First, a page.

For the EDA companies, FPGA synthesis represents an entree into the fastest growing segment of semiconductor design – with a defensible technology. It also represents a substantial development and support cost because, as we mentioned, synthesis is one of the most complex software problems on the planet. On the market side, however, selling third-party FPGA synthesis means getting fair value (which is at least a five-digit price tag) with a tool that FPGA vendors give away for free.
How do you compete with free? By offering enough value to persuade people to pay for the difference. As long as the EDA companies can produce synthesis tools that surpass the FPGA vendors’ free tools by a significant margin, they have a chance at a viable business. A better FPGA synthesis tool could save you millions in parts costs, or give your product a significant competitive advantage in performance or power consumption. Paying a few thousand dollars for that is a no-brainer. The minute the EDA vendors’ synthesis offerings fall behind the free tools, however, or even let the free tools get within a reasonable distance, the game is over.
The newest version of the Synplify family of FPGA synthesis tools represents Synopsys’s determination to differentiate their offering from the FPGA vendor-supplied free tools. With the upcoming generation of 28nm FPGAs from Xilinx and Altera, FPGA designs will be growing to almost 2 million logic elements. That means that traditional single-user FPGA design methodologies will have to give way to team-based design. It also means that today’s tools will need big capacity and performance upgrades to handle the humongous designs. Synopsys has responded to this by giving us a reported 4x runtime improvement in certain modes, team-design features to support concurrent engineering, a global placer to improve quality of results, new dynamic power optimization features, and additional support for Synopsys DesignWare IP libraries. The company is also announcing support for new devices, including Altera Stratix V and SiliconBlue’s low-power iCE65.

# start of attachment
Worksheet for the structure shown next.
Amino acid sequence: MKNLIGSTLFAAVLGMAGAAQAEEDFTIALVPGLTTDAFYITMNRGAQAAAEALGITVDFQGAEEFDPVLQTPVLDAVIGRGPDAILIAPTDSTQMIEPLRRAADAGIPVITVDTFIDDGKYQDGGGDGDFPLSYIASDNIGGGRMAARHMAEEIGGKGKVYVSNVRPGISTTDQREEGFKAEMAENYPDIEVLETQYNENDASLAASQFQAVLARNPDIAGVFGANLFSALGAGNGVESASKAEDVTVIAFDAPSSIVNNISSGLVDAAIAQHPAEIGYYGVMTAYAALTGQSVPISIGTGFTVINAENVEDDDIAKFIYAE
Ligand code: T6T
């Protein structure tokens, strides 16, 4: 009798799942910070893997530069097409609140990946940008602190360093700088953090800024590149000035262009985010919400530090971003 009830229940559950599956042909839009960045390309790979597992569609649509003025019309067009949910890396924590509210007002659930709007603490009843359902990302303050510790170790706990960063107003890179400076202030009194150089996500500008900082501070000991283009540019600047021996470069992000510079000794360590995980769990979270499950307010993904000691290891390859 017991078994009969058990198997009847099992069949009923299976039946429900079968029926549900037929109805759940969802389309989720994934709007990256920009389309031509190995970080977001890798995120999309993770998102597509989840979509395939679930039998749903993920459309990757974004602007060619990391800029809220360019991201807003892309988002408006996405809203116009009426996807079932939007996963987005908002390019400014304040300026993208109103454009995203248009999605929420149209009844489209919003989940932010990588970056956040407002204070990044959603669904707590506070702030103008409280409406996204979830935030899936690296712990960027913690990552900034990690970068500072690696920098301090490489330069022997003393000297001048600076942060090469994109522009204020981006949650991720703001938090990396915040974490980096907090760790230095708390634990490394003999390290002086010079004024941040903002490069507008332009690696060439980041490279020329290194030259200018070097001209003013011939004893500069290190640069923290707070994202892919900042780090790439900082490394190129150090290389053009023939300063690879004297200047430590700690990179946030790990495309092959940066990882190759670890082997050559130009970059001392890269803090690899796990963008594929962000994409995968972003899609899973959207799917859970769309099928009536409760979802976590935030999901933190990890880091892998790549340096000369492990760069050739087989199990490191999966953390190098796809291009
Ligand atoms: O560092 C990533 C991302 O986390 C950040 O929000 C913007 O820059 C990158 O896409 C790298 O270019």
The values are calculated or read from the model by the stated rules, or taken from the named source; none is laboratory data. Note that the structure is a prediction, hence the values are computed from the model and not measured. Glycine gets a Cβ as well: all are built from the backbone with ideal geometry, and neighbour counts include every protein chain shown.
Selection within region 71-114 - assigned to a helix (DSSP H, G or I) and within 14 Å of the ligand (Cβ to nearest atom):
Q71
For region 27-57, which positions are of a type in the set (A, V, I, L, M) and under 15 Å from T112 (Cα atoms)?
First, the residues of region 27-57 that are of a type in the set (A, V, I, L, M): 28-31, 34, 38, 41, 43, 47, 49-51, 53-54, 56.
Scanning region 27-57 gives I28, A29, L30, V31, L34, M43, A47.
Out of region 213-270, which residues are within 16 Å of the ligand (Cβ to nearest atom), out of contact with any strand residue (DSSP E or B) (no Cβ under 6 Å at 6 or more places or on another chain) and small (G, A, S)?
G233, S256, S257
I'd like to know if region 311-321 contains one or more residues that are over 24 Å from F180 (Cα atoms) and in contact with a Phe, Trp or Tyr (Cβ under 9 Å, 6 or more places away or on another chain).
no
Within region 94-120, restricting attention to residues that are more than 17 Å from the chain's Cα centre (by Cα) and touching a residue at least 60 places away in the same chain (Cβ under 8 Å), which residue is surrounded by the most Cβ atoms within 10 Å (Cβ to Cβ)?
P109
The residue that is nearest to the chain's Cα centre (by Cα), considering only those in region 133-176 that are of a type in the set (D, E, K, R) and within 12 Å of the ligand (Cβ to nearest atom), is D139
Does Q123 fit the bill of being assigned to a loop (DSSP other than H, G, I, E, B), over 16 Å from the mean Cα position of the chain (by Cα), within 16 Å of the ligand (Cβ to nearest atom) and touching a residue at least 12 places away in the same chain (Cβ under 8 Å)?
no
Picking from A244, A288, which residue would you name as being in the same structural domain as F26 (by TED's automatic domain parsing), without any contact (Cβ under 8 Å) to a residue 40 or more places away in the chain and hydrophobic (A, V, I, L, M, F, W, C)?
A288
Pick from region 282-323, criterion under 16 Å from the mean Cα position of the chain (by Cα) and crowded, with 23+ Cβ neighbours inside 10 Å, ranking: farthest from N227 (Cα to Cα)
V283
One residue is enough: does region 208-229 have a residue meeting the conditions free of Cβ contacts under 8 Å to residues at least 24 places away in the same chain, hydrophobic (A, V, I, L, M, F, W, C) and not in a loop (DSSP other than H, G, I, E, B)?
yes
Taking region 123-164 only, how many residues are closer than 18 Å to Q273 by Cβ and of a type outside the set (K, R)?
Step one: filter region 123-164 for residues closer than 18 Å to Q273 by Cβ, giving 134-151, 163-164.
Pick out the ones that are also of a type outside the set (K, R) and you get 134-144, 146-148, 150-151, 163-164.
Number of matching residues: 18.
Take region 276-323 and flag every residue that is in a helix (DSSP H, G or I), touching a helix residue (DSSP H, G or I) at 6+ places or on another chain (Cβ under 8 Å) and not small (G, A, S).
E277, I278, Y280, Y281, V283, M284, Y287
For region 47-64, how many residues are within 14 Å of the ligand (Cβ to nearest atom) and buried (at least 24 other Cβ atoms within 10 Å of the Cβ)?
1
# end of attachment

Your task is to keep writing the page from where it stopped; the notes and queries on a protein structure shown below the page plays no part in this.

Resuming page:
With the size of the largest FPGA designs headed toward two million logic elements, runtimes for synthesis and place-and-route with full optimization could be as much as several days. With those steps being in the critical iteration loop for debugging and optimizing your FPGA design, long runtimes could bring your design process almost to a halt. Synopsys’s claim of 4x runtime improvement doesn’t come for free. The FAST mode offers a 4x runtime improvement on a single processor, with the additional capability to parallel process on multiple cores working on separate sections of the design. However, your quality of results may be slightly lower than in “normal” mode due to reduced optimization effort. Most design work, however, doesn’t require full optimization. A typical FPGA design will go through dozens of iterations before reaching the final “give it your best shot” full-blown optimization runs. By improving the available performance of all those early and intermediate runs, Synopsys is giving you a major productivity improvement in the main section of the FPGA design process.